Jenny Sanders, 57

I went from being a student to getting married to a minister and having children within 18 months. I was heading for a career as a TV presenter but would have needed to go anywhere at any time, which became a sticking point. We prayed together as a couple and felt it was right to let things go. In retrospect we would have done it differently, but we were at peace at the time and I don’t have regrets now. I wanted to be a full-time mum while the kids were small.

Today, the children have ‘grown and flown’; we’ve made the happy discovery that we still like – no, love – each other! The hectic church programme meant we hadn’t much time to grow together in those early years. Having the kids early meant we have more time now. We have been free to answer a ministry call to South Africa. Spontaneous outings are possible and we have travelled more. There is also significantly less laundry! Meals are more haphazard and cleaning is less demanding, so I’m more relaxed.

My advice is to keep exercising (and moisturising!) so you’re physically able to enjoy the abundant life God made you for. There’s truth in the principle of saving the best wine until last. Much of this season is a result of investments made over the years.  Life feels less intimidating; I find I have learned things along the way that I didn’t know I knew. 

Keep running after Jesus: you’ll be consistently challenged but never bored. Look for those who are serious about their spiritual life who you can mentor and encourage. Our legacy lies in people far more than in accomplishments or a bank balance.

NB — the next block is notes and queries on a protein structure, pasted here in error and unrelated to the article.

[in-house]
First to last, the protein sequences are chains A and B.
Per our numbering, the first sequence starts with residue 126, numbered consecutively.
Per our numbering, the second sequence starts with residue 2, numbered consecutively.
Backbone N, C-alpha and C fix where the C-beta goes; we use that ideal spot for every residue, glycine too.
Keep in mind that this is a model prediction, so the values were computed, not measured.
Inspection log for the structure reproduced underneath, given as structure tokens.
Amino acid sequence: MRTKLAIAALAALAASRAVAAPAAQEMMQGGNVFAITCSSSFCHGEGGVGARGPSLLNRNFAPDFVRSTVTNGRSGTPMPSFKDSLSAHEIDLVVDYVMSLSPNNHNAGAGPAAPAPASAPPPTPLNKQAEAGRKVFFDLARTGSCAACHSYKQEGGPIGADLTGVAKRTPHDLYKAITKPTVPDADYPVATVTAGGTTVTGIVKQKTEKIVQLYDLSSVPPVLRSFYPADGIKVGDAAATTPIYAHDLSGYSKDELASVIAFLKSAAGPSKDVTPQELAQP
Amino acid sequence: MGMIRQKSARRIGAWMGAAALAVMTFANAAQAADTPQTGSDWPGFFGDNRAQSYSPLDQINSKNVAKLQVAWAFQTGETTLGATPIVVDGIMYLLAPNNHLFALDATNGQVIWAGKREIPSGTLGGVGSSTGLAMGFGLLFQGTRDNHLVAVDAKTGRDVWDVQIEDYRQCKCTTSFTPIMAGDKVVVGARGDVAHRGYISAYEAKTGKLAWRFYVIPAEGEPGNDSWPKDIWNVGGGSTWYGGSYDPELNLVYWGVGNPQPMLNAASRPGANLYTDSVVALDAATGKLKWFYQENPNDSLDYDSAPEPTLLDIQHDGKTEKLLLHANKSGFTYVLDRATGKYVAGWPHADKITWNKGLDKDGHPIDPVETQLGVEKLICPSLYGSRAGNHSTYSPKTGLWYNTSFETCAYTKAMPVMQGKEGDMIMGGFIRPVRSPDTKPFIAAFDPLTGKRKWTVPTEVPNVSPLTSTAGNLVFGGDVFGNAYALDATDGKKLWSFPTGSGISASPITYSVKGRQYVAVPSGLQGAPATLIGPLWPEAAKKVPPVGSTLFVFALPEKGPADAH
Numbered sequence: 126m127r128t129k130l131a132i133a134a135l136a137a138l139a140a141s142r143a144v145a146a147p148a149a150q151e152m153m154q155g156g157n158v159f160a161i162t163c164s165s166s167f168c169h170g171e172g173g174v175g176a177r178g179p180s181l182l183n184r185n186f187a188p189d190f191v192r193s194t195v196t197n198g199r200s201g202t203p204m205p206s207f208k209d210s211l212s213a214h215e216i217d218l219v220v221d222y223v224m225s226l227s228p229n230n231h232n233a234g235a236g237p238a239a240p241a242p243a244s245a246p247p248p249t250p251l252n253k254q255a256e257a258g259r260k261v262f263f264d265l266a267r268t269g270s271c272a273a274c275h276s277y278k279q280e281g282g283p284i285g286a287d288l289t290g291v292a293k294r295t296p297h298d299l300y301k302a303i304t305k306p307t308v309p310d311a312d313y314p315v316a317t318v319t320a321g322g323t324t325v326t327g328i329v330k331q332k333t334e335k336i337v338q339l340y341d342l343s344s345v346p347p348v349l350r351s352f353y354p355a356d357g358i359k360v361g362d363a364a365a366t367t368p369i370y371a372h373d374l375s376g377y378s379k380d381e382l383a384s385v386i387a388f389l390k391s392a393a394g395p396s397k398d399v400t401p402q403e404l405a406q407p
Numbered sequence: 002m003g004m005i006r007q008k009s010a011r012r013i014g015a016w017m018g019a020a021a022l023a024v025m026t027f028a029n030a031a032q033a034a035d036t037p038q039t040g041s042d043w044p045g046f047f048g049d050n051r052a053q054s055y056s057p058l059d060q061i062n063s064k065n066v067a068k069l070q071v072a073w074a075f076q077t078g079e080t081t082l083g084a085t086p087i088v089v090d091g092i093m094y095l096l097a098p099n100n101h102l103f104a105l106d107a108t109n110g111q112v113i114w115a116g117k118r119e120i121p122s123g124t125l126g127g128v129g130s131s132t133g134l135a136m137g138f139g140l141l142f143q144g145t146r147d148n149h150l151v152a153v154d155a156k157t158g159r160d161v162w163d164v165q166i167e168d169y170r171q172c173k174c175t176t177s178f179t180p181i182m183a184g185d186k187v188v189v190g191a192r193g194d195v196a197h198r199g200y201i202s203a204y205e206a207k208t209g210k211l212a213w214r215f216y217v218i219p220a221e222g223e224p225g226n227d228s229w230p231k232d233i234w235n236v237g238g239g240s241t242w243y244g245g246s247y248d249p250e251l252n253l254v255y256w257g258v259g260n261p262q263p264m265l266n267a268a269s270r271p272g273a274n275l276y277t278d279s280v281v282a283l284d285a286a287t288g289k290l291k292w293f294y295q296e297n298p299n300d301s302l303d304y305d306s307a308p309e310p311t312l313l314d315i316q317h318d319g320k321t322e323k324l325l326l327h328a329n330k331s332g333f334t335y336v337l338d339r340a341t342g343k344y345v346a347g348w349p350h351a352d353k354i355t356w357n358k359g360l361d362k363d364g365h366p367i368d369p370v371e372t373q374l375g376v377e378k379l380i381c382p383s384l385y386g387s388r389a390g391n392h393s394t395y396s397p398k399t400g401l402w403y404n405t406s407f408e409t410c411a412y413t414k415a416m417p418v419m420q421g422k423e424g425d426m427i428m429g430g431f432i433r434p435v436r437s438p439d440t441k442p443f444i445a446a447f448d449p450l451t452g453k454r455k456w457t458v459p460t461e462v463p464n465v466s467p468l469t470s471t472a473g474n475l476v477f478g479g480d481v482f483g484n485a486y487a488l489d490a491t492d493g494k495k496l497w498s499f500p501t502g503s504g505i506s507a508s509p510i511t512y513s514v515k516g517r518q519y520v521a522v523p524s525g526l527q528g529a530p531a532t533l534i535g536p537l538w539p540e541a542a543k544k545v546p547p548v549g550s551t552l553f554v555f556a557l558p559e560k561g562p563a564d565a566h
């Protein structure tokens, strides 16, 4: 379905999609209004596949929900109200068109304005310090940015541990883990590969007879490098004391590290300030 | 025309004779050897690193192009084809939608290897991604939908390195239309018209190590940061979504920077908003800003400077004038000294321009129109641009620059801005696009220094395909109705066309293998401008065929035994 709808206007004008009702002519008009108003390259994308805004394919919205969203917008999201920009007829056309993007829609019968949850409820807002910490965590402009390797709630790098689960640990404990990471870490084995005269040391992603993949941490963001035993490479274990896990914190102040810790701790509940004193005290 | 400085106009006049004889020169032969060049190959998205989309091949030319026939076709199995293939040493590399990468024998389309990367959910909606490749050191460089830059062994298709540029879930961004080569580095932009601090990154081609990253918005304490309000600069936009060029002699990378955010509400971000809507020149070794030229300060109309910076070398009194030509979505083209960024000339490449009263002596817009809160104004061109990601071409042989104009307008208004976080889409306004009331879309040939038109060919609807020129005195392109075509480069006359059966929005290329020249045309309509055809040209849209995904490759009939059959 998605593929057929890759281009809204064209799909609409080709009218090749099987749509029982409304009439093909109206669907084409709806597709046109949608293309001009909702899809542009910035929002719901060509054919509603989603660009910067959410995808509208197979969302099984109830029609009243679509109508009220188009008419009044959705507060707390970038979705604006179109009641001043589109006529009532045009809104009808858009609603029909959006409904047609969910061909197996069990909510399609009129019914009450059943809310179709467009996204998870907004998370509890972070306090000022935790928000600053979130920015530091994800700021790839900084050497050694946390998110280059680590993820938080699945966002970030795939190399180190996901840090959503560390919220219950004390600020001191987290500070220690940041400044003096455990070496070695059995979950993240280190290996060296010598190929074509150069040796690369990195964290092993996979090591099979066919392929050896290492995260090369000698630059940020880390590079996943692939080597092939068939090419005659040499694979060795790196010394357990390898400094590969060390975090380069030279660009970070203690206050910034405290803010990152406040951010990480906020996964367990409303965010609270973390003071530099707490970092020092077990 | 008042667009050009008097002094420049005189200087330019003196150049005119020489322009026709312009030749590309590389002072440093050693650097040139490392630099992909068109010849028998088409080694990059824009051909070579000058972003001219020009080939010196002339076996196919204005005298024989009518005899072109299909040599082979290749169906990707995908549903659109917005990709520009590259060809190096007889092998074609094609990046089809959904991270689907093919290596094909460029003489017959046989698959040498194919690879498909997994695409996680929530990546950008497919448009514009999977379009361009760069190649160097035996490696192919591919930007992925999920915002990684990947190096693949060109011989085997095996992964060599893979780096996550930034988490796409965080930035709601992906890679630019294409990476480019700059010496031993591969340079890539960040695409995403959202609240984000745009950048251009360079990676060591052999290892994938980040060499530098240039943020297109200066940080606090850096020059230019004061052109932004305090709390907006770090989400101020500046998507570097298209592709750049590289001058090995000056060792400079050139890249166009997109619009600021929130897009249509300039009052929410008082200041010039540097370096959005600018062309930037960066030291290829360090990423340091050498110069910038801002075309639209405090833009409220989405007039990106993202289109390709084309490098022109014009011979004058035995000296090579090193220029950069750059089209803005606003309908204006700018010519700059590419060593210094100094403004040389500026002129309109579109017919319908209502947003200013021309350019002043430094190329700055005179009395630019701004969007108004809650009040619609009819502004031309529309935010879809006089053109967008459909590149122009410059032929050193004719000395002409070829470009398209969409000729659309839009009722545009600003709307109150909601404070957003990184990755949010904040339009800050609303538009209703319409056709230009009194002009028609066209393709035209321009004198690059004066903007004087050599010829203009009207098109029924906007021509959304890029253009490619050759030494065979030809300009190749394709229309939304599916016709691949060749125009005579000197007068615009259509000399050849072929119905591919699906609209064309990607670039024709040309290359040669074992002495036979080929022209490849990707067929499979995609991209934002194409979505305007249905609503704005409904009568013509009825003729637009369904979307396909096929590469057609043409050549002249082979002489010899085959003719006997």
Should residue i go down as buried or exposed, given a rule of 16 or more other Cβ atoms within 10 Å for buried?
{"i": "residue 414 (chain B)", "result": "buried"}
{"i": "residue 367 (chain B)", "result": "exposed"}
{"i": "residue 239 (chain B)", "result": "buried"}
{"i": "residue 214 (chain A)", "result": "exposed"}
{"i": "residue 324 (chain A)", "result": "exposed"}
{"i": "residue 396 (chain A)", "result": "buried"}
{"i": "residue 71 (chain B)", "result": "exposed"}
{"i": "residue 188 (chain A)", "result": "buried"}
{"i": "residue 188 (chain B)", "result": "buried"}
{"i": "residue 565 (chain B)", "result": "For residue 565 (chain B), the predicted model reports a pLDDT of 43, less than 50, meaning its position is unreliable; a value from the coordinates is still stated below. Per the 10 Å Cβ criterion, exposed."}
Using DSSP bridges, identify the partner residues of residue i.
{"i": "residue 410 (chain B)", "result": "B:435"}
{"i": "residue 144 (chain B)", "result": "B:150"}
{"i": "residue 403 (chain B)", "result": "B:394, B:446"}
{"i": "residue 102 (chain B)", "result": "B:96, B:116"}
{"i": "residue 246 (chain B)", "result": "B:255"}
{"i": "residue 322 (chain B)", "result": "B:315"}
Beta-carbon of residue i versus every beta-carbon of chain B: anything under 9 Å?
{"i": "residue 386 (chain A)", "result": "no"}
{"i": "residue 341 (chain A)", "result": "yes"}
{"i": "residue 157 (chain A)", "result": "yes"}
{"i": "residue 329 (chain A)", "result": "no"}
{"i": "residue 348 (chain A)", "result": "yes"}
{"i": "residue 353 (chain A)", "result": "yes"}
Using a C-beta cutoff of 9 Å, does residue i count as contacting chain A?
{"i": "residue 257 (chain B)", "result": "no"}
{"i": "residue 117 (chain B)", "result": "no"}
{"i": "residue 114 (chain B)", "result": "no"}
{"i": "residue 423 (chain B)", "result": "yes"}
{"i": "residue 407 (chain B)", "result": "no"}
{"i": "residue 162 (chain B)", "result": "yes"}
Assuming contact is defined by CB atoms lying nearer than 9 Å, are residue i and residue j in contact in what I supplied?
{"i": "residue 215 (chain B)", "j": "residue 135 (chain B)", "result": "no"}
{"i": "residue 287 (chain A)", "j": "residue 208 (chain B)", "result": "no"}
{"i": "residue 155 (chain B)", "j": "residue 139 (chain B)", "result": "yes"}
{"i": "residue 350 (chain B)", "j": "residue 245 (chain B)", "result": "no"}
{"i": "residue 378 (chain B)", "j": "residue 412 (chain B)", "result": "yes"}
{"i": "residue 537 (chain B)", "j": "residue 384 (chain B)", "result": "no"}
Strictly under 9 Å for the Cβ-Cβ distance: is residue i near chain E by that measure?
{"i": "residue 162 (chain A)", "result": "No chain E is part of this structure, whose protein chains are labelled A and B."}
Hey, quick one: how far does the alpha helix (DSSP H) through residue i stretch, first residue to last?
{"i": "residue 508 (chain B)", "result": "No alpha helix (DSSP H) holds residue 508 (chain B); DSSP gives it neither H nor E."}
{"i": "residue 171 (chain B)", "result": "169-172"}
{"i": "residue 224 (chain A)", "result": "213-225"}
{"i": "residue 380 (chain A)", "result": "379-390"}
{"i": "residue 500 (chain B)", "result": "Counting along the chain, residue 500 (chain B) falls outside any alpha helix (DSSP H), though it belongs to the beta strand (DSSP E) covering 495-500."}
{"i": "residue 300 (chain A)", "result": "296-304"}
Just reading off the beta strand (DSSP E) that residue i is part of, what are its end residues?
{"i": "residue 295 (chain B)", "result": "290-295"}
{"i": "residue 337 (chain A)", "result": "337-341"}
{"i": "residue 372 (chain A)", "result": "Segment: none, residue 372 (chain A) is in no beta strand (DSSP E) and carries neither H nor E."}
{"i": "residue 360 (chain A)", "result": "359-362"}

Yvonne E Brooks, 65

Since I turned 50, I have acquired more confidence. I’m much more willing to take risks and face the possibility of failure. I became someone who was willing to travel to train women on how to deliver the Esther’s Academy programme (Find them on Twitter @Esthers_Academy) to women women of all ages. This is a holistic programme based on the book of Esther that looks at health, wealth, emotions, relationships and personal presentation.

I like my personal growth in self-confidence in who I am as a person, as a wife, mother, grandmother and leader. I actually feel as though I have something to offer. I bring something to the table and I am a friend to all I encounter. I am not a young person anymore but I feel the wisdom I have gained more than makes up for this.

My advice is to love and care for yourself in the fullest sense of the word and that will position you to care for all those others who come across your path. Build routines as structures to support your life. Have friends and keep on making friends – never think that you don’t need another friend. Allow God to be your reason for living, let him to be the source of your strength and stability. If you want to be a person of power then stay attached to his word; study it and make it the standard for living your life.



Suzanne Smith, 56

I feel invisible waiting to be served in pubs and shops as men and young people are served before me. Once, myself and another 50-something friend stood at a bar and watched as the young girl behind the bar served the good-looking man to our left and then simply walked past us to serve the good-looking man to our right. We had to say, “Excuse me” to get her attention. It was the first time I realised that once a woman loses her ‘lustre’ she becomes as beige as the walls around her.

I no longer mind that I’m invisible to others. It has given me a sense of freedom. I have a very busy Twitter feed, am part of a women’s rights activist organisation and I am no longer concerned about what others think. My views and opinions may be seen as outspoken, but I no longer care. I finally realise that my validation comes only from our Father.


How do you feel about getting older? Email us at and we may share your response anonymously in the next issue.